8. I don't know, to me, closed is closed, so as long as the firewall (be it the built in Windows Firewall, a WFP based front-end/replacement for the Windows Firewall using the same APIs, or a third party firewall) is keeping all the ports closed/stealthed as they should be and Windows has all the appropriate sharing/remote etc. protocols locked down/disabled (the Public profile configuration) then I don't see a real difference. The big advantage, to me, of a third party/more granular firewall is for inside-out communications, i.e. greater control over the programs that communicate with the web. The local network stuff that you have to be concerned with on a public Wi-Fi connection/network don't really translate to suddenly requiring a more granular firewall, at least based on what I've learned of such things. The main thing is just keeping things closed/locked down to prevent other devices on the network from gaining access which should be fairly straightforward for any firewall and even Windows itself. That said, if you're dealing with the class of hacker that can and does bypass those kinds of protections on public networks, no beefed up third party firewall is going to stop them any better than the more standard WFP stuff would, and anyway, since Microsoft themselves recommend that all firewall devs use WFP they are all going to be subject to the same kinds of potential vulnerabilities that might exist in the protocol regardless of how robust their implementation might be; at least that's my take on it. Reference Windows Filtering Platform for more info. The other threat is a man-in-the-middle attack where the attacker might try to alter traffic through DNS manipulation/packet manipulation and the like, but since that takes place outside your system, no firewall is going to aid you in dealing with those kinds of threats as it all comes down to the security of the internet connection itself and so tools like VPNs and DNS encryption protocols become much more important (i.e. TOR, VPN tunneling tools, proxies, encryption protocols like DNSSEC, HTTPS, and DNSCrypt etc.).
  9. Yep, that's what most WFP based firewalls are these days, especially the free ones. They're either front-ends for the existing firewall or they use the same framework, APIs and functions, usually while adding other features such as prompts for outbound connections (as is the case with the former Binisoft firewall).
  10. Yes, if they do decide to integrate the firewall (which seems likely), it shouldn't interfere with Windows Defender/MSE at all so I expect them to continue to support keeping it active by default whenever Malwarebytes Premium is installed/activated.
  11. Thanks for taking care of that for us Alex, much appreciated
  12. Greetings, If you just want the free version that only works as an on-demand scanner then please open Malwarebytes and follow the instructions in this support article and that should deactivate all of the active protection components and return you to the normal free version. If you have any trouble or if there are any other issues please let us know. Thanks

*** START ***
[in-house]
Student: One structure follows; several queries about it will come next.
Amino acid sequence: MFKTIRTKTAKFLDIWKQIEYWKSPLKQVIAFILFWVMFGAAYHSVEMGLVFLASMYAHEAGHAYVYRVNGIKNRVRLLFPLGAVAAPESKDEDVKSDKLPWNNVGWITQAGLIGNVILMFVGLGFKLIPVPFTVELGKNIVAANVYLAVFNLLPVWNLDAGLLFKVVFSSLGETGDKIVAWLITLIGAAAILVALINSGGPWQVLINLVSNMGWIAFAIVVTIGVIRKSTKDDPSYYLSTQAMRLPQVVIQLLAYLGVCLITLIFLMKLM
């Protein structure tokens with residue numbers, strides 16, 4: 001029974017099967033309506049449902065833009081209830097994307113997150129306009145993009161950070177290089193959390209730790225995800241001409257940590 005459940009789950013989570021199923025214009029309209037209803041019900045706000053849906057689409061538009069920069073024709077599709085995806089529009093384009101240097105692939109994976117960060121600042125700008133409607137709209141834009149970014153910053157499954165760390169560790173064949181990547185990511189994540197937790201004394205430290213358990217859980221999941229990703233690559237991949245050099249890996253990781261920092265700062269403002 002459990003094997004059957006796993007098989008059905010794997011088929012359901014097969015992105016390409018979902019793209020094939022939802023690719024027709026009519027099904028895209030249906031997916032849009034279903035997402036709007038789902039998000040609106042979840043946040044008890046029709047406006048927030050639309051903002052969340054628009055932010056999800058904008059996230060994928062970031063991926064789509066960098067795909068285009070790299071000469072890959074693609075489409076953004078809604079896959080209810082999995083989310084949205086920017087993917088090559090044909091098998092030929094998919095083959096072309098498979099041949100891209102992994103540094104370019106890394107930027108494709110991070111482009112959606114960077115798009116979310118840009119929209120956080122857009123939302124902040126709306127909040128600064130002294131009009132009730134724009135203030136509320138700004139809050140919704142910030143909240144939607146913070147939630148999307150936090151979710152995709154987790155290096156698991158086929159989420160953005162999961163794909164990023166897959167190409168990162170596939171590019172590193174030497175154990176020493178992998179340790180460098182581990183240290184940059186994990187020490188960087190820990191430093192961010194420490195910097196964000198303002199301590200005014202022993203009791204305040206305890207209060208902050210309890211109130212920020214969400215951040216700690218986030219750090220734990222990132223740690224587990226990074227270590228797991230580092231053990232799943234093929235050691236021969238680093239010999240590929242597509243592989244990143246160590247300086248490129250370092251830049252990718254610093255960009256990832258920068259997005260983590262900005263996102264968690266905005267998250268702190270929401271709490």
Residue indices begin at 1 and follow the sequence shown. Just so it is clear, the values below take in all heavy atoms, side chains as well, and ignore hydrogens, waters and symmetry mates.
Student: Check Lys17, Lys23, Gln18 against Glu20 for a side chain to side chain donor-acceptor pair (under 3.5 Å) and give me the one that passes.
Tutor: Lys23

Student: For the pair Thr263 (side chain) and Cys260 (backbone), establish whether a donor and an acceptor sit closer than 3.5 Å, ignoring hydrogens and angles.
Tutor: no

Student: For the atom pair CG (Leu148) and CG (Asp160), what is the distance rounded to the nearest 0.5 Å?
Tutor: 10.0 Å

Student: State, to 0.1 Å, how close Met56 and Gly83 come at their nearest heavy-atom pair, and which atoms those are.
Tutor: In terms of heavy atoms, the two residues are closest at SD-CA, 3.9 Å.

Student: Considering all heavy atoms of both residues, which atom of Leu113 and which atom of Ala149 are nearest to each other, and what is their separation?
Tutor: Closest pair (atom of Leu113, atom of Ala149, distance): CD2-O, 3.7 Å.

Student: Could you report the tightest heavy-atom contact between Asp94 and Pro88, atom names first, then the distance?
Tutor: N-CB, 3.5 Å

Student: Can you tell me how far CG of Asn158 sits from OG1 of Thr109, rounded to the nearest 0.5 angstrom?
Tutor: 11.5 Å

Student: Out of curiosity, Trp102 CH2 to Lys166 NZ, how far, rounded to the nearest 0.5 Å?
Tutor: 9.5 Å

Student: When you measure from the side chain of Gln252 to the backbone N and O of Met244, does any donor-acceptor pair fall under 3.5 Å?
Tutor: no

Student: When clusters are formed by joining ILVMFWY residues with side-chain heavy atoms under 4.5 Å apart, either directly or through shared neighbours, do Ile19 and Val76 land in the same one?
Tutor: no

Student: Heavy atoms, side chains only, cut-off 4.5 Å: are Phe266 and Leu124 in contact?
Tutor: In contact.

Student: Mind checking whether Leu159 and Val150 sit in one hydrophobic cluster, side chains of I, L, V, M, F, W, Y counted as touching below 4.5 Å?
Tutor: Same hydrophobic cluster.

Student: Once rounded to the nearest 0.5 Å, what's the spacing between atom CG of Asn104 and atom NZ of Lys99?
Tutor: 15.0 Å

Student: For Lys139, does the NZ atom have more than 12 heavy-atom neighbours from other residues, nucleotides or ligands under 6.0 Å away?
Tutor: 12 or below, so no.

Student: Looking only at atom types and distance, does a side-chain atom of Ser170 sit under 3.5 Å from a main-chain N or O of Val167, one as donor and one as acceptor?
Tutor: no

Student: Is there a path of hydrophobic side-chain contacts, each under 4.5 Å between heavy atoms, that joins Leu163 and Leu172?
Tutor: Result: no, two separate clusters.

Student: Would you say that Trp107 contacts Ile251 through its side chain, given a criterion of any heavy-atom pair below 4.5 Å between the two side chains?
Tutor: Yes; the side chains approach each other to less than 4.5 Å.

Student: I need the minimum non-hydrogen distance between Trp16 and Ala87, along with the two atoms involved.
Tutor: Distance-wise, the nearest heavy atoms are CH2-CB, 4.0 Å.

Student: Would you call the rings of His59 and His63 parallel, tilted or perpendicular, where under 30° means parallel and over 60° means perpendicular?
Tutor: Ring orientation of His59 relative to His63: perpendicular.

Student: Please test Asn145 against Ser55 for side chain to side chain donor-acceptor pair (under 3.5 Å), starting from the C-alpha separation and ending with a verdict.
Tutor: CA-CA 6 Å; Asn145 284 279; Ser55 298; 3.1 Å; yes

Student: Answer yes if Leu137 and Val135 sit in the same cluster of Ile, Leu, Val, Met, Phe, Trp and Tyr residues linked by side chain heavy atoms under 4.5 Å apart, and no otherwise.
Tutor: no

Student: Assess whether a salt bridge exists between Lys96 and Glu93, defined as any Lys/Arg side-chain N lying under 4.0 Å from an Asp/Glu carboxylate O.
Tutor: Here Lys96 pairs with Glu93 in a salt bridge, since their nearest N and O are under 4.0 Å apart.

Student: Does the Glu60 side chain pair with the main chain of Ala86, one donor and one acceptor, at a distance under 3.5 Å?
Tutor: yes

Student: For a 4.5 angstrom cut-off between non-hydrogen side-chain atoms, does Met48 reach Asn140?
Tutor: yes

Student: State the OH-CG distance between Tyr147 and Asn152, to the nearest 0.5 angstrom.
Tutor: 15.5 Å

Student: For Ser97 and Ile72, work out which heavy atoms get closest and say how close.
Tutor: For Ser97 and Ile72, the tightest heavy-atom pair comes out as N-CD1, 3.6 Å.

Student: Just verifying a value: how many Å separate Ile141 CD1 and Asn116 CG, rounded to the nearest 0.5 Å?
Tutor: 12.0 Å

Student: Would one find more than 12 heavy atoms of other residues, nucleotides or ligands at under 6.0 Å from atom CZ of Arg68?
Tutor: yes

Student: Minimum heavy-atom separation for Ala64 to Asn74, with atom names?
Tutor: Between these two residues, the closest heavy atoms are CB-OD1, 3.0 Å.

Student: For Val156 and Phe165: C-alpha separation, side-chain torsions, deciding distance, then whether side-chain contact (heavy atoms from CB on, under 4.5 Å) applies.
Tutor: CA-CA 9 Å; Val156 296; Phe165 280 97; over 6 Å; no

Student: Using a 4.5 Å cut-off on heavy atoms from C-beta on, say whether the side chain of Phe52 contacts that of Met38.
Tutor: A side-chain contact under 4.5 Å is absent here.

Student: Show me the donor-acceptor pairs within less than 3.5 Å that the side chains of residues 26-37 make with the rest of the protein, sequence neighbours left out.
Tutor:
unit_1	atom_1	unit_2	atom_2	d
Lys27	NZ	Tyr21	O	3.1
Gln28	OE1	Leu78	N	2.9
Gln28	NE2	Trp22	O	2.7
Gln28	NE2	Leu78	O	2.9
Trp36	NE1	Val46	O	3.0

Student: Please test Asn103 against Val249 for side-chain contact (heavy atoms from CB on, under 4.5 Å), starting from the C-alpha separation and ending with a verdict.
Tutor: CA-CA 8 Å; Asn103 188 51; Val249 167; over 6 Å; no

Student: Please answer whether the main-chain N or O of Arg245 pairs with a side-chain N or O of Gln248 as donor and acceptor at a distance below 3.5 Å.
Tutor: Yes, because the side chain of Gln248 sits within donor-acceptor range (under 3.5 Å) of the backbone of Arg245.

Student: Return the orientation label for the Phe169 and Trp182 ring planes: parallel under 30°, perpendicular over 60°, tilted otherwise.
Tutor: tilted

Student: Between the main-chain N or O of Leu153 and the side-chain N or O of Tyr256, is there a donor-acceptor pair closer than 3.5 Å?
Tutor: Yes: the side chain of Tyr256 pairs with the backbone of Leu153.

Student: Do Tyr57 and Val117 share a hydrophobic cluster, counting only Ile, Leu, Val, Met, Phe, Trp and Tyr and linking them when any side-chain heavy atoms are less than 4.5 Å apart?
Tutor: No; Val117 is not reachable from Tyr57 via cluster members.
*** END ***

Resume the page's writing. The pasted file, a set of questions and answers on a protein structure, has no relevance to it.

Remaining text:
13. OK, good. I guess it just needed to refresh once the scheduler was up and running and processed the scan. I'll still be reporting the GUI bug where it showed 'None' after you created the scheduled scan in case QA can replicate the problem so that the Devs can hopefully fix it so that the UI stays in sync with the scheduler.
  14. OK, good. It may be that the browser plugin doesn't like the site hosting it for some reason (it has a lot of heuristics that look at things like page behavior, layout and scripting to try and determine when an unknown site might be malicious). You can report the FP in the Chrome browser extension beta forum and they should be able to whitelist it.
  15. Excellent, I'm glad that it's working properly now. If there is anything else we might assist you with please don't hesitate to ask.
  16. Greetings, You should be able to fix this by opening Malwarebytes and navigating to Settings>Application and toggling the Show Malwarebytes options in Windows Explorer setting Off and then On again; if that fails, please try restarting you system to see if that resolves the issue or not. If it still isn't showing up then please do the following to perform a clean installation of the latest build, which should correct the problem if all the other options failed: Download and run the Malwarebytes Support Tool Accept the EULA and click Advanced tab on the left (not Start Repair) Click the Clean button, and allow it to restart your system and then reinstall Malwarebytes, either by allowing the tool to do so when it offers to on restart, or by downloading and installing the latest version from here If the problem still persists then please do the following so that we may take a look at what's going on with your Malwarebytes installation and hopefully find a resolution for the issue: Run the Malwarebytes Support Tool Accept the EULA and click Advanced tab on the left (not Start Repair) Click the Gather Logs button, and once it completes, attach the zip file it creates on your desktop to your next reply Please let us know how it goes, and if necessary, provide the requested ZIP folder and we will continue troubleshooting the issue with you. Thanks